Overall, this is a wonderful Reynolds short. It’s clever, it’s well written, and it doesn’t make concessions to the reader – it demands their attention, and then  wraps that attention into a vivid world and set of situations. Very much worth reading, if you’re in the mood for a hard-sci fi novella with some interesting questions to ask.

Thursday, March 26, 2015

Interstitital - Slow Bullets

Tomorrow see s a relatively quick review of Alastair Reynold's latest novella, "Slow Bullets". It follows a survivor of an interstellar war, who wakes up from hibernation in a ship full of convicts, war criminals and civilians. There's a set of narrative twists to the whole thing, but as usual with Reynolds, it's more about obliquely approaching big questions - in this case, around what makes people who they are, and how we seek to define ourselves.

Wednesday, March 25, 2015

Knight's Shadow - Sebastien De Castell

Knights Shadow is the sequel to Sebastien De Castell’s excellent debut, The Traitor’s Blade.

For background purposes, the narrative is set in the country of Tristia, divided into several semi-autonomous Dukedoms, several years after a new king attempted to reform the laws and practices of the land, to give the common people a fair chance;  the Dukes, jealous of their power, immediately rebelled and executed the king.

The text follows fairly directly on from the end of the first book, and begins with the focus on the central character triad from the first book – three ‘Greatcoats’, travelling magistrates and duellists, empowered by the dead king to bring laws to a land determined to wallow in corruption. The world is gradually taking shape, a new piece introduced in a line of dialogue, or in a moment of character insight. Where Traitor’s Blade used the world as a platform to tell it’s story, and you could feel the bones of the background under the narrative, the world of Knight’s Shadow is more fleshed out, and feels a little more real.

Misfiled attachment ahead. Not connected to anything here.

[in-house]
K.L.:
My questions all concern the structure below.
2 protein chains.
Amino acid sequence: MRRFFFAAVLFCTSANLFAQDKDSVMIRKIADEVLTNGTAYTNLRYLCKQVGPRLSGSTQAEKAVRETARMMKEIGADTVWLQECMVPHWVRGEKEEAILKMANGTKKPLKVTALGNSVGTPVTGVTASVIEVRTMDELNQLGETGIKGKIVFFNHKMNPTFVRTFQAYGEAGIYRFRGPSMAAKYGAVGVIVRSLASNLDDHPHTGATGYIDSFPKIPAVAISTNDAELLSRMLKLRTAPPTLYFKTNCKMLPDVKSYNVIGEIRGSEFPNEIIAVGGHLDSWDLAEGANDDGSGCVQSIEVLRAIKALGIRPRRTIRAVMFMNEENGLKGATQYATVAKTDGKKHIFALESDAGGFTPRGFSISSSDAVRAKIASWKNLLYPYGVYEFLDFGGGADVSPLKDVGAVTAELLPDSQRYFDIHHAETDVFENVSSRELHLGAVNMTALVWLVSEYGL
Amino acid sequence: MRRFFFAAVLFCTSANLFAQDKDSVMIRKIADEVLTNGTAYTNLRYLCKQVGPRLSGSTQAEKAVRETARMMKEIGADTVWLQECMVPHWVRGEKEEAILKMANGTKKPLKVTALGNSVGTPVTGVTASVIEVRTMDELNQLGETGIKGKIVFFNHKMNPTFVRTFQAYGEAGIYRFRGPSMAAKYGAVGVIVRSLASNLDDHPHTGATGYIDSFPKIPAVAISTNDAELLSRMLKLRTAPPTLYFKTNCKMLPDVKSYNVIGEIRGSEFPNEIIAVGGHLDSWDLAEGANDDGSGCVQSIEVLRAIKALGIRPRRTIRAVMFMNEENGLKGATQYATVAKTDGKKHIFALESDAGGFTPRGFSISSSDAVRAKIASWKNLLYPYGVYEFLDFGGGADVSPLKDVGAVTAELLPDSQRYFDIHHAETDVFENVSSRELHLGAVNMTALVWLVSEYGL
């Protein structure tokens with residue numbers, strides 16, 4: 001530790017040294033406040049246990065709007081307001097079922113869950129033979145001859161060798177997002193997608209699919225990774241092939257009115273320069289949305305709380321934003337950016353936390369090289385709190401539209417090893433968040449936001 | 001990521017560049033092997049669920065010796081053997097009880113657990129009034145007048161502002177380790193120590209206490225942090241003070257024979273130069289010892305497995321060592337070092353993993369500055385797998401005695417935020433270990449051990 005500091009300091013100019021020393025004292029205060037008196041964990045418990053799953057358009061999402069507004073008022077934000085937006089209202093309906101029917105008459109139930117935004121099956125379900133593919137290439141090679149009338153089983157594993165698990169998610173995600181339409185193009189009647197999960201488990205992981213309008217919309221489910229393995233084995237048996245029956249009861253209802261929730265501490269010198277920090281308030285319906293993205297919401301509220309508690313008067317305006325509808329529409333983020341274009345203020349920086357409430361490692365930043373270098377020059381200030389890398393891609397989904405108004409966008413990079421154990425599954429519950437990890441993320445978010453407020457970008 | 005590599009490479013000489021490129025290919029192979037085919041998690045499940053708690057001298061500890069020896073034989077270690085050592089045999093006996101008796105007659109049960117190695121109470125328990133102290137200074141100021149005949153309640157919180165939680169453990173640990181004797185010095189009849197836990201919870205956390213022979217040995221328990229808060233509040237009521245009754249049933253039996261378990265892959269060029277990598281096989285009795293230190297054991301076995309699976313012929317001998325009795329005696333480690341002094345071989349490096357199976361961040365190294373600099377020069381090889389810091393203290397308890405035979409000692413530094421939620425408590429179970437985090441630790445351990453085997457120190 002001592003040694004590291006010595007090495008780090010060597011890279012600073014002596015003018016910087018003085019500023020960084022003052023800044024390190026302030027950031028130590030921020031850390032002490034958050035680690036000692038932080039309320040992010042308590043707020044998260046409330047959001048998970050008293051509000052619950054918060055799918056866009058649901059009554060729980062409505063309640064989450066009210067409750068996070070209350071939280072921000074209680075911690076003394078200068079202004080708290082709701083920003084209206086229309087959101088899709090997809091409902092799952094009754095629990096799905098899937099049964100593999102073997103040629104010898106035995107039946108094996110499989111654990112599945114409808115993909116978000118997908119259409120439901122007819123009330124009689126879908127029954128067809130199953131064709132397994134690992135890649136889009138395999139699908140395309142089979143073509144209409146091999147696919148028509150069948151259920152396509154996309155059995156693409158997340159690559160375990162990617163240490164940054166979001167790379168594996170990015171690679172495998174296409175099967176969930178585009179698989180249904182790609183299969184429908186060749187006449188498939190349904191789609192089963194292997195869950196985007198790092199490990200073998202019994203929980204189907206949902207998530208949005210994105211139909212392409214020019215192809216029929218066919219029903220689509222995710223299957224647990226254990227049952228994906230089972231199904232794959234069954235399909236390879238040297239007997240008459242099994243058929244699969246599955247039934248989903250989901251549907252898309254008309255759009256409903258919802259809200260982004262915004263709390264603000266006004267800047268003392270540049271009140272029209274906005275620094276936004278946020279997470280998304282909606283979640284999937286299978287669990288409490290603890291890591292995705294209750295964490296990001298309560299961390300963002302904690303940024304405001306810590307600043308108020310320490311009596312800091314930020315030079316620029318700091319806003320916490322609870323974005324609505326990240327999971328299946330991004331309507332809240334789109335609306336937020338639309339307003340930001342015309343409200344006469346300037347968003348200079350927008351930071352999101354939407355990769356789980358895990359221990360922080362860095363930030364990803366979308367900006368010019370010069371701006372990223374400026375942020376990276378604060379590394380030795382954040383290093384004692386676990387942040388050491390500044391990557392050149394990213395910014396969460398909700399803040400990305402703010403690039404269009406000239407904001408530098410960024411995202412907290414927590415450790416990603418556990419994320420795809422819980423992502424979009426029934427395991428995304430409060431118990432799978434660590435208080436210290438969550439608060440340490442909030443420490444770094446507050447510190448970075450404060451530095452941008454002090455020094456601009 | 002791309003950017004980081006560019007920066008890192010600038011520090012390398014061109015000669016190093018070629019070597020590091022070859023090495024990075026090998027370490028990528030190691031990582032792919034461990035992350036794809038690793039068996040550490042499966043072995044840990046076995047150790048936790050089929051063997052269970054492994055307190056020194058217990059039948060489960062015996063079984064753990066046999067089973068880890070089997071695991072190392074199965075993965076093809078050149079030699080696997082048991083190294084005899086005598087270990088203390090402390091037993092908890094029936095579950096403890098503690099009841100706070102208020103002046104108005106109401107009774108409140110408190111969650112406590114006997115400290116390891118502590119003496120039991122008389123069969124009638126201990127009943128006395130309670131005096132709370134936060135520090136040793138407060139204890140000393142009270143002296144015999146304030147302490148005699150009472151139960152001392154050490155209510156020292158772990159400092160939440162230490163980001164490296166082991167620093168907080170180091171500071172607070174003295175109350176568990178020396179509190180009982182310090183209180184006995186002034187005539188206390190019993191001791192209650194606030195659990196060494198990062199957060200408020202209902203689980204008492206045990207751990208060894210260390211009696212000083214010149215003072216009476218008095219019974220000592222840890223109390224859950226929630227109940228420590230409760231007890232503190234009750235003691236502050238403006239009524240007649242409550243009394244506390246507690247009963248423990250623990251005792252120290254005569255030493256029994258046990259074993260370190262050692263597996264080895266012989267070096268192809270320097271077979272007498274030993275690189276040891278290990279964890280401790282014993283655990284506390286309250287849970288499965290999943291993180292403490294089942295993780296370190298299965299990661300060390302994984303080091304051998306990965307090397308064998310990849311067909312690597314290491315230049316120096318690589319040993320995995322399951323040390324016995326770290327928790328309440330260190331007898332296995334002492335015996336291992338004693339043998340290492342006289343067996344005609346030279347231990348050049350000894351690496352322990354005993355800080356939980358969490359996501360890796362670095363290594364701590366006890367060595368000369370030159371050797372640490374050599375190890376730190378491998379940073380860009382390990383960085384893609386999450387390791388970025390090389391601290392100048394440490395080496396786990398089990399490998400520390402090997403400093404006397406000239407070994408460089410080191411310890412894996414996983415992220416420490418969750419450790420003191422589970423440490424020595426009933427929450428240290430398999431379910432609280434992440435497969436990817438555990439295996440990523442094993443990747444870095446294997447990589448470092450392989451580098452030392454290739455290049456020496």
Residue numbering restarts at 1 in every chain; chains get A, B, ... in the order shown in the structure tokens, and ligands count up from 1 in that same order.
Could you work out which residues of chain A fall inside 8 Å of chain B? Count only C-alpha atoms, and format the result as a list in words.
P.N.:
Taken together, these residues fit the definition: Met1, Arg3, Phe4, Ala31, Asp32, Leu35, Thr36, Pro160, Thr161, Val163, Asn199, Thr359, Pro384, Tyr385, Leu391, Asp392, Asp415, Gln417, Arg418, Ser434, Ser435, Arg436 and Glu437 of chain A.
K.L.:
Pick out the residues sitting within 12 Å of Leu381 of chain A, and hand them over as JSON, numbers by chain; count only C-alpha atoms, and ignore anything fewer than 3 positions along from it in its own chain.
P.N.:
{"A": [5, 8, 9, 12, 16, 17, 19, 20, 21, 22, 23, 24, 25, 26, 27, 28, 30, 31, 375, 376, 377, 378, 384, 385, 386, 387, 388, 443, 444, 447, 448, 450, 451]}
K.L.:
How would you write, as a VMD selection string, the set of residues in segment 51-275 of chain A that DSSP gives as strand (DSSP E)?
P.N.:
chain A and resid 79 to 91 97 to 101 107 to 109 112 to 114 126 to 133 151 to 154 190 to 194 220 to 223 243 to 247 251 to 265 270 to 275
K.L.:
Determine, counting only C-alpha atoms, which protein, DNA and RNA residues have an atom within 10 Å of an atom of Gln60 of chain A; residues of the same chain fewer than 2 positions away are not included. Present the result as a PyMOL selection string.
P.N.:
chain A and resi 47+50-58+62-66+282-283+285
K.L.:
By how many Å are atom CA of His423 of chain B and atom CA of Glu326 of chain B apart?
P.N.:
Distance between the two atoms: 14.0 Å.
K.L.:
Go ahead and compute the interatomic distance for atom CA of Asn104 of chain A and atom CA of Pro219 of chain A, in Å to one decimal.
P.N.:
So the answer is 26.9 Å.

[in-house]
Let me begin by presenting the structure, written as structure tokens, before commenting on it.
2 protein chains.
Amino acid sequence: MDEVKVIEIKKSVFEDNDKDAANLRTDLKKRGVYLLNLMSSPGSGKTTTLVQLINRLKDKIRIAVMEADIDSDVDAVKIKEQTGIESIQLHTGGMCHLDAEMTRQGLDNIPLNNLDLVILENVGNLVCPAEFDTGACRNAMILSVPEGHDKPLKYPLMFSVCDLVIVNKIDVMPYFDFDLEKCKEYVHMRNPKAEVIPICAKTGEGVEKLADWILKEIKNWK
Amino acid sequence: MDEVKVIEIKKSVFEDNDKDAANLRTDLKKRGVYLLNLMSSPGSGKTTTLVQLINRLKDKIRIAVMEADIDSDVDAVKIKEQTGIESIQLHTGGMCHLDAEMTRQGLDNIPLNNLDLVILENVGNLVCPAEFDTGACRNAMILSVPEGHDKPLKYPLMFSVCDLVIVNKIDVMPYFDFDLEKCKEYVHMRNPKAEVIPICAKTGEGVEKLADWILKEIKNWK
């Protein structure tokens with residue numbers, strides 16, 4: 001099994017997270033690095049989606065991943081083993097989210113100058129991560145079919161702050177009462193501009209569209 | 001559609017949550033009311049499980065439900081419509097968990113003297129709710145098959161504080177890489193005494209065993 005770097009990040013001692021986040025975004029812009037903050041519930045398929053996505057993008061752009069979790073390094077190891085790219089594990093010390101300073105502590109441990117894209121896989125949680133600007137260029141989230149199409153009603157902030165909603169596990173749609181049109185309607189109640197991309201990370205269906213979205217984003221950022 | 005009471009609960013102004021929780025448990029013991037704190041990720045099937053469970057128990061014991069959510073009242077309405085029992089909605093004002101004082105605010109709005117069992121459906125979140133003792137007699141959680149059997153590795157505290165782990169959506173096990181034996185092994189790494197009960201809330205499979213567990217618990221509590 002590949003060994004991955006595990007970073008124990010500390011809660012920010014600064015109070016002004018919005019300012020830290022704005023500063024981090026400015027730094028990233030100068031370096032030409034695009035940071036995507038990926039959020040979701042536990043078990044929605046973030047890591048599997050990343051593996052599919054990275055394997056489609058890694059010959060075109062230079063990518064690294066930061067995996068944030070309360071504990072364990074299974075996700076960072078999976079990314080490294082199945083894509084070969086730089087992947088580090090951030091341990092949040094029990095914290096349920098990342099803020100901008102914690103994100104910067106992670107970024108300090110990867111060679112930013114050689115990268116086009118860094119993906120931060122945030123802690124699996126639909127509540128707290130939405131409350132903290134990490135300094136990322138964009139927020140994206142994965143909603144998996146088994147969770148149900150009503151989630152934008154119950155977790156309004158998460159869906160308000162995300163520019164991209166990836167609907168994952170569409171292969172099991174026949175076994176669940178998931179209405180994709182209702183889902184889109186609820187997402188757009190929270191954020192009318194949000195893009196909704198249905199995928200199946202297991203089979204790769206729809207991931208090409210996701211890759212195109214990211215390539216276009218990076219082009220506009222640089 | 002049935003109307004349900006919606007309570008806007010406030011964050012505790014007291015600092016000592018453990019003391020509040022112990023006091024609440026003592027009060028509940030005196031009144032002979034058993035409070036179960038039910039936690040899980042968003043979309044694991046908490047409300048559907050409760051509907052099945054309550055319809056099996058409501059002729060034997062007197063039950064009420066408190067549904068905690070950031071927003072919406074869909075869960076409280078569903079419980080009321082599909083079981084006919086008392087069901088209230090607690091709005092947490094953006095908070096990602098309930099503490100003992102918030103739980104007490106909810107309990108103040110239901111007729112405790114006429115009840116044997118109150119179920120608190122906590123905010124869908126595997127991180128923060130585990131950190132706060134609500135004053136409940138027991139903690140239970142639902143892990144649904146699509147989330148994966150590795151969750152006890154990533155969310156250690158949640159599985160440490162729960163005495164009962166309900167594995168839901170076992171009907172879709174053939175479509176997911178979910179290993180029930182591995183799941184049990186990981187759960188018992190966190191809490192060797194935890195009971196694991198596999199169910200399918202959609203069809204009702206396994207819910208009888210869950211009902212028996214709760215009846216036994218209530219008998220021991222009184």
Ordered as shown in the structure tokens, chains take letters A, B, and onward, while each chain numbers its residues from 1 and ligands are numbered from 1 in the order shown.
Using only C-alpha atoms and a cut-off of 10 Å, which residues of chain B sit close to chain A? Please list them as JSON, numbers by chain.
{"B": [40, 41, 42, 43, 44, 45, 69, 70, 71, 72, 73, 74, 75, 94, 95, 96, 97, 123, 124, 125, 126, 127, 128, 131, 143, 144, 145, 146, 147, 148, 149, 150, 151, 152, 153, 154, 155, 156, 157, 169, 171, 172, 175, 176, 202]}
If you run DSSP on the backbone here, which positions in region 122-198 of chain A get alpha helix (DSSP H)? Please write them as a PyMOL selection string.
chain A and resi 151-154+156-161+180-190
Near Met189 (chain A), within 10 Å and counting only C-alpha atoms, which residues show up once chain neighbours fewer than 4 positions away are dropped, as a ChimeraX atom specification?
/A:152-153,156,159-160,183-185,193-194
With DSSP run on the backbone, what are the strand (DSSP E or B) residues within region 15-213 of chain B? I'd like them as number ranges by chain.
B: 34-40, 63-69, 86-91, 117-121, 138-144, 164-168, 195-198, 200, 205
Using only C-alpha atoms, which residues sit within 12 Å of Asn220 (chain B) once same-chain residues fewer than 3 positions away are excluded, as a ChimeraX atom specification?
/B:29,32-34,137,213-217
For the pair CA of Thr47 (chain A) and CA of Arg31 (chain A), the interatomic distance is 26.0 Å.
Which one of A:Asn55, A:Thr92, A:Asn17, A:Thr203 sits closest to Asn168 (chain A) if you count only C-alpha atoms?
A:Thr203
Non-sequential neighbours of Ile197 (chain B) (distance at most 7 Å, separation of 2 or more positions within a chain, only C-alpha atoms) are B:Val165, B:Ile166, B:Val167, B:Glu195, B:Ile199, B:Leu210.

If you’re picking up Knights Shadow, you’re probably aware of the central characters already. I will say that the three of them continue to remind me quite strongly of the Three Musketeers, possibly intentionally – there’s the same witty banter, a certain grim joie de vivre, a bond of lucky escapes and noble failures.  Falcio and friends  are a joy to read about. That said, their interactions in this book are perhaps a little darker than in the first. They’re not exactly older or wiser, but perhaps a bit more damaged, following the events of the first text. Each carries their own scars, and De Castell isn’t afraid to show us that their actions have consequences – both personal and political. They’re joined by some old faces, but also a few new ones – the feisty, reasonably terrifying and possibly totally amoral Dariana, for one, quickly became a firm favourite.

The dynamic between the characters is marvellous to read; they bounce between each other, and each moment of light banter raises a chuckle – but De Castell also keeps the emotional depth coming from each of them. Where it would be easy to create a light hearted fantasy, this text veers between the cheerier tone, descending into the grim, the grimy, the bloody – and uses that to showcase the personalities, the vulnerabilities, the centres of the characters. If the world is becoming more fleshed out, the characters are doing the same – we’re exposed to fears, acts of pointless bravery, cowardice, and a lot of moral grey areas – the latter being something that our heroes aren’t famously good at dealing with. This has, as mentioned above, consequences.